What is Wrong with My Crabapple Tree?
Written by: Maria Panasuk, ISA Certified Arborist WI-1479A
Are the leaves on your crabapple dropping off early and covered in funky spots? This is most likely the result of Apple Scab, a common leaf fungal disease. This disease can affect any tree in the rose family, but crabapples are a popular tree in our landscape and are therefore affected the most widely.
How does it start?
Spring moisture on young leaves provides an ideal infection point. It first appears as small olive to brown spots. As the disease matures, the spots get larger and become a darker shade of brown. The infection will reduce the productivity of the leaf, stressing the tree, and result in the tree shedding its unproductive leaves early. Some older varieties of crabapple can lose most of their leaves by mid-summer. Apple scab does not kill your tree, but repeated infections, continued leaf loss, and stress will reduce its overall health. A tree with declining health, loss of vigor and reduced growth leave it susceptible to other insects and diseases.
How does it spread?
This fungus lies dormant in the winter on fallen diseased leaves. In spring, the wind and rain transport the released spores into the environment and onto your tree. Rainy, wet springs and summers are perfect for apple scab to establish, grow, and spread. Once on the tree, it only takes a week or two for new spores to be produced and released back into the canopy. The cycle of infection can occur multiple times throughout a wet season.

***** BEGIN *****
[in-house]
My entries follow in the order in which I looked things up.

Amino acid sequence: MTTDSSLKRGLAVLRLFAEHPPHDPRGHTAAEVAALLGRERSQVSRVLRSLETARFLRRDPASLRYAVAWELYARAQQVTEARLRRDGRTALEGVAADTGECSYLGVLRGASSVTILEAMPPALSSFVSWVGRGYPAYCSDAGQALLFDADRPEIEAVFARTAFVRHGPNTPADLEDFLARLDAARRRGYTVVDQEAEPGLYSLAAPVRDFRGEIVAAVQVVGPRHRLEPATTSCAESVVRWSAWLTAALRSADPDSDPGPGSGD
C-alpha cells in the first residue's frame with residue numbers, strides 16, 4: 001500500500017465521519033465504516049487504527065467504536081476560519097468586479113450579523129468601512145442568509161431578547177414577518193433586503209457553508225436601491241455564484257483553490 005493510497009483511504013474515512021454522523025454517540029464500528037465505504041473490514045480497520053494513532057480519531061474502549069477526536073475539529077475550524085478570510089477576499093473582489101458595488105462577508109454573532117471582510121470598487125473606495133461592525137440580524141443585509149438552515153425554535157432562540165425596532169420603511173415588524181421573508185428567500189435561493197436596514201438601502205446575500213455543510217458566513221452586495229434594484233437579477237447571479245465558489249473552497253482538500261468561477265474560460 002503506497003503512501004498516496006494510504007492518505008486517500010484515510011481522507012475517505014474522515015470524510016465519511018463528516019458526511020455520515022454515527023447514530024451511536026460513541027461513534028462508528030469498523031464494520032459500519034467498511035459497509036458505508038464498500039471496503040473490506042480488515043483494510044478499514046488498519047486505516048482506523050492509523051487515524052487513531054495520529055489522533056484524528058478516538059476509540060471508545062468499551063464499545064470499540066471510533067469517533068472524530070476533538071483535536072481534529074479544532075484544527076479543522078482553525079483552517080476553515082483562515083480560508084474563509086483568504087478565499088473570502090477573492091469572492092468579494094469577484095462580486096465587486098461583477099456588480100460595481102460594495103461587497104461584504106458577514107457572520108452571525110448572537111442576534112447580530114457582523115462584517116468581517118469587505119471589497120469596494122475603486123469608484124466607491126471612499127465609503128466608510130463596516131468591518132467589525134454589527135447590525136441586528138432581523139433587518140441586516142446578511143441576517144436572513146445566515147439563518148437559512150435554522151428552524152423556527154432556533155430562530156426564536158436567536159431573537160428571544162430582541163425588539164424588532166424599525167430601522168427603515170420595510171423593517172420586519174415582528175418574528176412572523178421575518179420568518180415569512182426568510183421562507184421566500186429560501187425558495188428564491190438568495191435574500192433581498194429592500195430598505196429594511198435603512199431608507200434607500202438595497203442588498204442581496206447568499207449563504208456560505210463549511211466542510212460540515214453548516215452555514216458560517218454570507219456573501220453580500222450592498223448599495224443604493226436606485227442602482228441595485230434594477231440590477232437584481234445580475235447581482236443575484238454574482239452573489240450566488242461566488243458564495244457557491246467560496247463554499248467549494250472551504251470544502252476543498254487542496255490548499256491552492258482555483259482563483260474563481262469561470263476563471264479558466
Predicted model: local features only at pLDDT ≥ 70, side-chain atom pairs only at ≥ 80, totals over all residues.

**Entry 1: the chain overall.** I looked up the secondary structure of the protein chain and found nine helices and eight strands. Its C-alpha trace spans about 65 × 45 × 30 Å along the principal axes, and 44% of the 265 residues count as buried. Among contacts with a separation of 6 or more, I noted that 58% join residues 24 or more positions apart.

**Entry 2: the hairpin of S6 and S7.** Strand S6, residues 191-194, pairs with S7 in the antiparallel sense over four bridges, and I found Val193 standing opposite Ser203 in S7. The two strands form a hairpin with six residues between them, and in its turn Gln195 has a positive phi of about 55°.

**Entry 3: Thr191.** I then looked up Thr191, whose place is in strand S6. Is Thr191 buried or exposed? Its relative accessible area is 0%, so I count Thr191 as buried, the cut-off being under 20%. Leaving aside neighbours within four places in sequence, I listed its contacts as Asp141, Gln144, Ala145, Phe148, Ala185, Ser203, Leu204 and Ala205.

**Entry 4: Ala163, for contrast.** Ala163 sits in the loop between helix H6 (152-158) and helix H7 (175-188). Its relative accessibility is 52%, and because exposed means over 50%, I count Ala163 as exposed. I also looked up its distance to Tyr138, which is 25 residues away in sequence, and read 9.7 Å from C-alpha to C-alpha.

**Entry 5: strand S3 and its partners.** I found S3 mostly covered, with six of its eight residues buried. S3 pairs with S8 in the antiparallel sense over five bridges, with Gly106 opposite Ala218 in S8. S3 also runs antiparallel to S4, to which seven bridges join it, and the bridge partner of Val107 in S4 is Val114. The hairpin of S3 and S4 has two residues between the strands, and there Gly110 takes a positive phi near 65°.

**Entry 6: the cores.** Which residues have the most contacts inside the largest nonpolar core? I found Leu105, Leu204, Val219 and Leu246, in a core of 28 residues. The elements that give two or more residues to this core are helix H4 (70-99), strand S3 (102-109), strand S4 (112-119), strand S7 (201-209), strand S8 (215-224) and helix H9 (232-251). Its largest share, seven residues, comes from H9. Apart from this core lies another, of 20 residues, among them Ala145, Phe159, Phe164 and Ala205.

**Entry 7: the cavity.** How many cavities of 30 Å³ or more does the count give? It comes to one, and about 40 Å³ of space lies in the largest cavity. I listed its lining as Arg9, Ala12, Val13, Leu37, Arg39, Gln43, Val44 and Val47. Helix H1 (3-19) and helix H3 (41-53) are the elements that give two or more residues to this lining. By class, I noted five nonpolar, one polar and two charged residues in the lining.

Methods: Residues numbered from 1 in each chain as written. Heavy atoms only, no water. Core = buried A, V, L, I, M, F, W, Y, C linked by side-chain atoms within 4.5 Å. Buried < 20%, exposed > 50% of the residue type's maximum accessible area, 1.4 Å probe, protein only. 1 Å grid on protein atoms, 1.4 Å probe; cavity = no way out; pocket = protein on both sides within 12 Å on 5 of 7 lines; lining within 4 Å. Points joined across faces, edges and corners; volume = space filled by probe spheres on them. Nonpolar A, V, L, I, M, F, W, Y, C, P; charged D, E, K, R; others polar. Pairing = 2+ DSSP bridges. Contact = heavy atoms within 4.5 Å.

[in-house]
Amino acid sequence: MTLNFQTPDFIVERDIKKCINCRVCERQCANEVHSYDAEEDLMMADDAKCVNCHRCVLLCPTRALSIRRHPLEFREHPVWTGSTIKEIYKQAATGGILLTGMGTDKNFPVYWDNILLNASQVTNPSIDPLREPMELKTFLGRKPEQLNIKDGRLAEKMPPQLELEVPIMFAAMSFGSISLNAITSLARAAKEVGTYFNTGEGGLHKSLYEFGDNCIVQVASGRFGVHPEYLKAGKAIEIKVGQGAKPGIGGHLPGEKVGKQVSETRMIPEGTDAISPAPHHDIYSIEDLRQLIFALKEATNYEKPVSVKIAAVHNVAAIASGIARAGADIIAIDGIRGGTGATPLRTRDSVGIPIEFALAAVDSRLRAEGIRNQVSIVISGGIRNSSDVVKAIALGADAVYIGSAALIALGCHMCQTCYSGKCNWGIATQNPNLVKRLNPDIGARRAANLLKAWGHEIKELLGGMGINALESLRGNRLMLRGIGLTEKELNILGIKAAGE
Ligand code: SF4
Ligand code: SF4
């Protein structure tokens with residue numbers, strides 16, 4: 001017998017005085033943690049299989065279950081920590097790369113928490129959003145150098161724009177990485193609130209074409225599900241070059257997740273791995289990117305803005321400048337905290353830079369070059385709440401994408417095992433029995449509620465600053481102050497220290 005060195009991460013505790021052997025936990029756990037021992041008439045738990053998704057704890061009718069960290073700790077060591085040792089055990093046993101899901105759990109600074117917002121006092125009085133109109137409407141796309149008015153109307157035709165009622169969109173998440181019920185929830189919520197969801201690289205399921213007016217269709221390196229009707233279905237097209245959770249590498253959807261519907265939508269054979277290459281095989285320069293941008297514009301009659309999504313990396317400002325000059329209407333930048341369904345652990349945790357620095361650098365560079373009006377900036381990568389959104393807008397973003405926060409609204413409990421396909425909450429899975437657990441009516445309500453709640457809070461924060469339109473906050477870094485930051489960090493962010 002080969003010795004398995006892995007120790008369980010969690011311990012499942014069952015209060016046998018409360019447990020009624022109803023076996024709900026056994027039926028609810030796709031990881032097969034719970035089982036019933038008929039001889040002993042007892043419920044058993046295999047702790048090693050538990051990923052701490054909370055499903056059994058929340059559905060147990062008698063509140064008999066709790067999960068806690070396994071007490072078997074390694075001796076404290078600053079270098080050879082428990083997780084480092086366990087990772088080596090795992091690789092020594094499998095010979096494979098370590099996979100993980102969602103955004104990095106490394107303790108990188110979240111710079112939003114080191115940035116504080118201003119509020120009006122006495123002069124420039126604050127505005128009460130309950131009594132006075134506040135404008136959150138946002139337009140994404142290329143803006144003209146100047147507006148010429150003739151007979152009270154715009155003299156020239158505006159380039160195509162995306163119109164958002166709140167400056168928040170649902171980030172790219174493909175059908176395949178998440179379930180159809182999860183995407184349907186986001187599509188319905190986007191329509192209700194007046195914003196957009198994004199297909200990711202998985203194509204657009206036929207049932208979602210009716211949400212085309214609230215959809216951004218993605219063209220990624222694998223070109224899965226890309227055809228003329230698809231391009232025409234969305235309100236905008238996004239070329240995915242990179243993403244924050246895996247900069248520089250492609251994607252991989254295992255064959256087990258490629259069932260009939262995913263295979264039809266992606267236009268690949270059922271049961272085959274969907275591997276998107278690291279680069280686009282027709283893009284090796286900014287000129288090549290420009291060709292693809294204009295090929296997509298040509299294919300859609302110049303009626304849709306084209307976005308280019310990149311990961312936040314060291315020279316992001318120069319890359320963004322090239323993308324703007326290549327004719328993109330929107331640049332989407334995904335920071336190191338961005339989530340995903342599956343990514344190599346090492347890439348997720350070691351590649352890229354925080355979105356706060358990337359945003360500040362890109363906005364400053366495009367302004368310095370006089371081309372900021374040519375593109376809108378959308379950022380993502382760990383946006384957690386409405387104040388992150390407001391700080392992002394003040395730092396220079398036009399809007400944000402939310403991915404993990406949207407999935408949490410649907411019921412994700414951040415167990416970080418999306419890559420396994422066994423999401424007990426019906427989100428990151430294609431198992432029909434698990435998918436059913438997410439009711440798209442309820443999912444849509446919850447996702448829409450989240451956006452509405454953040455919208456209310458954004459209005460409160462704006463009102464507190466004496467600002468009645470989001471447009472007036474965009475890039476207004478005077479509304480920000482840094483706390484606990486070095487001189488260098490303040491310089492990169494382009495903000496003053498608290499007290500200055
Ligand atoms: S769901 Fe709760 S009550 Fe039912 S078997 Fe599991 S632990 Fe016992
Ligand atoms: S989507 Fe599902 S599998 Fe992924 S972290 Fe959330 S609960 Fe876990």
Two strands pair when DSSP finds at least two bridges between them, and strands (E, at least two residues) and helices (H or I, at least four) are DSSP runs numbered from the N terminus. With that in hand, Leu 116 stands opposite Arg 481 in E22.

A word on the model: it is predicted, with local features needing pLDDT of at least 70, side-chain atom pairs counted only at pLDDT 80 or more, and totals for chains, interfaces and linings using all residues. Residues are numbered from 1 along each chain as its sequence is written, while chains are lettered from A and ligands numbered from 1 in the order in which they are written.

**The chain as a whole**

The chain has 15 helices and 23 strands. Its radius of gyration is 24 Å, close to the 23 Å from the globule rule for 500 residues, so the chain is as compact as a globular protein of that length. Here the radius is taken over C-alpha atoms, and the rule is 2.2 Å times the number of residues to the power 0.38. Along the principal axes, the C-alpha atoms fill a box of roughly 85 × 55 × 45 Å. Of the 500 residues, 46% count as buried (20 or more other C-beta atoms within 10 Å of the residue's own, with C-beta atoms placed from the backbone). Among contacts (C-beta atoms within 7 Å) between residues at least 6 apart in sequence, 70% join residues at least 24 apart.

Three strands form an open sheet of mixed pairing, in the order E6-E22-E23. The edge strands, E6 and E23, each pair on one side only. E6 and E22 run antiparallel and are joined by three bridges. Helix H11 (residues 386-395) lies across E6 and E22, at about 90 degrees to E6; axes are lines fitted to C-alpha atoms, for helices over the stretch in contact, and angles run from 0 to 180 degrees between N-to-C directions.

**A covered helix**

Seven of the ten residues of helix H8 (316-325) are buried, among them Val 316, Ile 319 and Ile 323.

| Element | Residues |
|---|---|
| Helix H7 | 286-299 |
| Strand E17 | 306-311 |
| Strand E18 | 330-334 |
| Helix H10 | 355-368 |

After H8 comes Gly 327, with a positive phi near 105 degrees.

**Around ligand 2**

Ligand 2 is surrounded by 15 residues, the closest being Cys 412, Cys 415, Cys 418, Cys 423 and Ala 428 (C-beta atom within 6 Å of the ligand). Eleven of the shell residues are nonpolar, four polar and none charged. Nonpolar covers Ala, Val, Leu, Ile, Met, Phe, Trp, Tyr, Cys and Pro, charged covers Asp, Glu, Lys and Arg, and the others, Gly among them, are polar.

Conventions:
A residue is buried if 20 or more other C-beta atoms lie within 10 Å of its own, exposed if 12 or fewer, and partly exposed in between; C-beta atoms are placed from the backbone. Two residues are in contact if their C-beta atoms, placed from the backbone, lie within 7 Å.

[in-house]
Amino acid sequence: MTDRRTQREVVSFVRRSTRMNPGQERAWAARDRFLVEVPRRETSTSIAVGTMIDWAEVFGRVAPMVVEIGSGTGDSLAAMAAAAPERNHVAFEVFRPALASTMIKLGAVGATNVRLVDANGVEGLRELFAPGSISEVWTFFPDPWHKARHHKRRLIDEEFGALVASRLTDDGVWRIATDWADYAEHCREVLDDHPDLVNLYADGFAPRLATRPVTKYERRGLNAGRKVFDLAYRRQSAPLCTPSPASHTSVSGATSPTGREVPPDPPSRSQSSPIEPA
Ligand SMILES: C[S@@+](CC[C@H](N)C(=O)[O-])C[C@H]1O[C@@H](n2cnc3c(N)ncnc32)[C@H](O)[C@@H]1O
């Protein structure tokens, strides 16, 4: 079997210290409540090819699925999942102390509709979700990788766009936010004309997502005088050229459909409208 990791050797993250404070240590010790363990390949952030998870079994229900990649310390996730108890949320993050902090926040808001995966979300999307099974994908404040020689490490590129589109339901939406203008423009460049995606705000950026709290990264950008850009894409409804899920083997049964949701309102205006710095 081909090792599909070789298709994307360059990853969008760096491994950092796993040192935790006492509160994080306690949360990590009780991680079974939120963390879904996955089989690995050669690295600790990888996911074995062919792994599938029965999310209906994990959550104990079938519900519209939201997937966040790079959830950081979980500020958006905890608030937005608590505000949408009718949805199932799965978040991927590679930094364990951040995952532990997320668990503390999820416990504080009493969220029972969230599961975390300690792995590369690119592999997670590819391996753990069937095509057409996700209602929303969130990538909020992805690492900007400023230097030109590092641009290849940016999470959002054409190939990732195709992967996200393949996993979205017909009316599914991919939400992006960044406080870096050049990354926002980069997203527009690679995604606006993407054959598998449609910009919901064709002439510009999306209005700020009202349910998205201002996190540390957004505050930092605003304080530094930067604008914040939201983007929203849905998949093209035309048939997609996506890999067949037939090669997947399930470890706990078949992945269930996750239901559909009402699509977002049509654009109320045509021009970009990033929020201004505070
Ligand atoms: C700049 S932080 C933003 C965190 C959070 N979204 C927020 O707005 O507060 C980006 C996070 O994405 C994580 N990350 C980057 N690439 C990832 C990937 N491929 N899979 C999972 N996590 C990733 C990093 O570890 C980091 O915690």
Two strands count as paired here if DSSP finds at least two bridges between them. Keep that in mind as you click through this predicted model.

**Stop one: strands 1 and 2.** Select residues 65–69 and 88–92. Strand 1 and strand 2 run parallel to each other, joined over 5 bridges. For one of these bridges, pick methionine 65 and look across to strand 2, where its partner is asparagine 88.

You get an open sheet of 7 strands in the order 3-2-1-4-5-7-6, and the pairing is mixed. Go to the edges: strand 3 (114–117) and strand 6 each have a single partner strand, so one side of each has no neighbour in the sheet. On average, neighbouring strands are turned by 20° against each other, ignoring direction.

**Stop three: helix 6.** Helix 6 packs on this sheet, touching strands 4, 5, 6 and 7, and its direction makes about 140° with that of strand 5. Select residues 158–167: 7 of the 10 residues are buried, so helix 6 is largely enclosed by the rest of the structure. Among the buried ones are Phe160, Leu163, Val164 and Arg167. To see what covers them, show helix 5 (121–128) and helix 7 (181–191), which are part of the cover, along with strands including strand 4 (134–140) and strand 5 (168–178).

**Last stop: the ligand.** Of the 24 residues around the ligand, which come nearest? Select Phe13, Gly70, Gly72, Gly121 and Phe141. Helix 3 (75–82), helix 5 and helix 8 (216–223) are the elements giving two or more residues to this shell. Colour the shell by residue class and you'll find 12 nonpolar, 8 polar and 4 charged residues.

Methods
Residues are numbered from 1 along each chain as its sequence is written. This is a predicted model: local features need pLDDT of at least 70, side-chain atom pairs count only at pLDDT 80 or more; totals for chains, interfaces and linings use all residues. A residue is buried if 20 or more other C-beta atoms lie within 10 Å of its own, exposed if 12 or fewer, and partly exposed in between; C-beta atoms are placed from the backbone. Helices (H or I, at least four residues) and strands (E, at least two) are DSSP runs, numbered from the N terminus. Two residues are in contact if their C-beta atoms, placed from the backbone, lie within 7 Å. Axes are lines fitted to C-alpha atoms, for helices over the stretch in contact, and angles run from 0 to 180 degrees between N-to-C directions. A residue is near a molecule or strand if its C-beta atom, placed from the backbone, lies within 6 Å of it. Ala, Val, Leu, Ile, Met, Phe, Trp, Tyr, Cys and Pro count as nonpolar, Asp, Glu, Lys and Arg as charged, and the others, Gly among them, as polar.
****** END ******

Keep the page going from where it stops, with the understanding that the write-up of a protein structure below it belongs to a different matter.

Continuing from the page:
What can I do to protect my tree?
Chemical applications twice a season are a great way to reduce infections. Most seasons, two treatments are sufficient: once as the new leaves emerge, and a second time when the tree puts out secondary growth. The product we use inhibits the fungus from establishing on the leaves. In addition to spraying your tree, you can clean up the infected leaves in the fall and prune the tree for better wind and air flow. Allowing more air to move through the canopy helps reduce the moisture level in the tree, making it more difficult for the fungus to establish.
Want to avoid treatments?
To avoid spraying susceptible trees annually, removing and replanting is another option. There are several options for resistant variety crabapples, such as ‘Prairifire’, ‘Tina’ and ‘Red Jewel’. Another option is to remove the tree and plant a different type of tree in its place. A redbud is a nice alternative to a crabapple. It blooms at the same time, has a similar mature size, and does not require annual maintenance!
If you have an important crabapple on your property, we can help you. Contact your Wachtel Tree Science arborist today to schedule an appointment and discuss the options for your tree!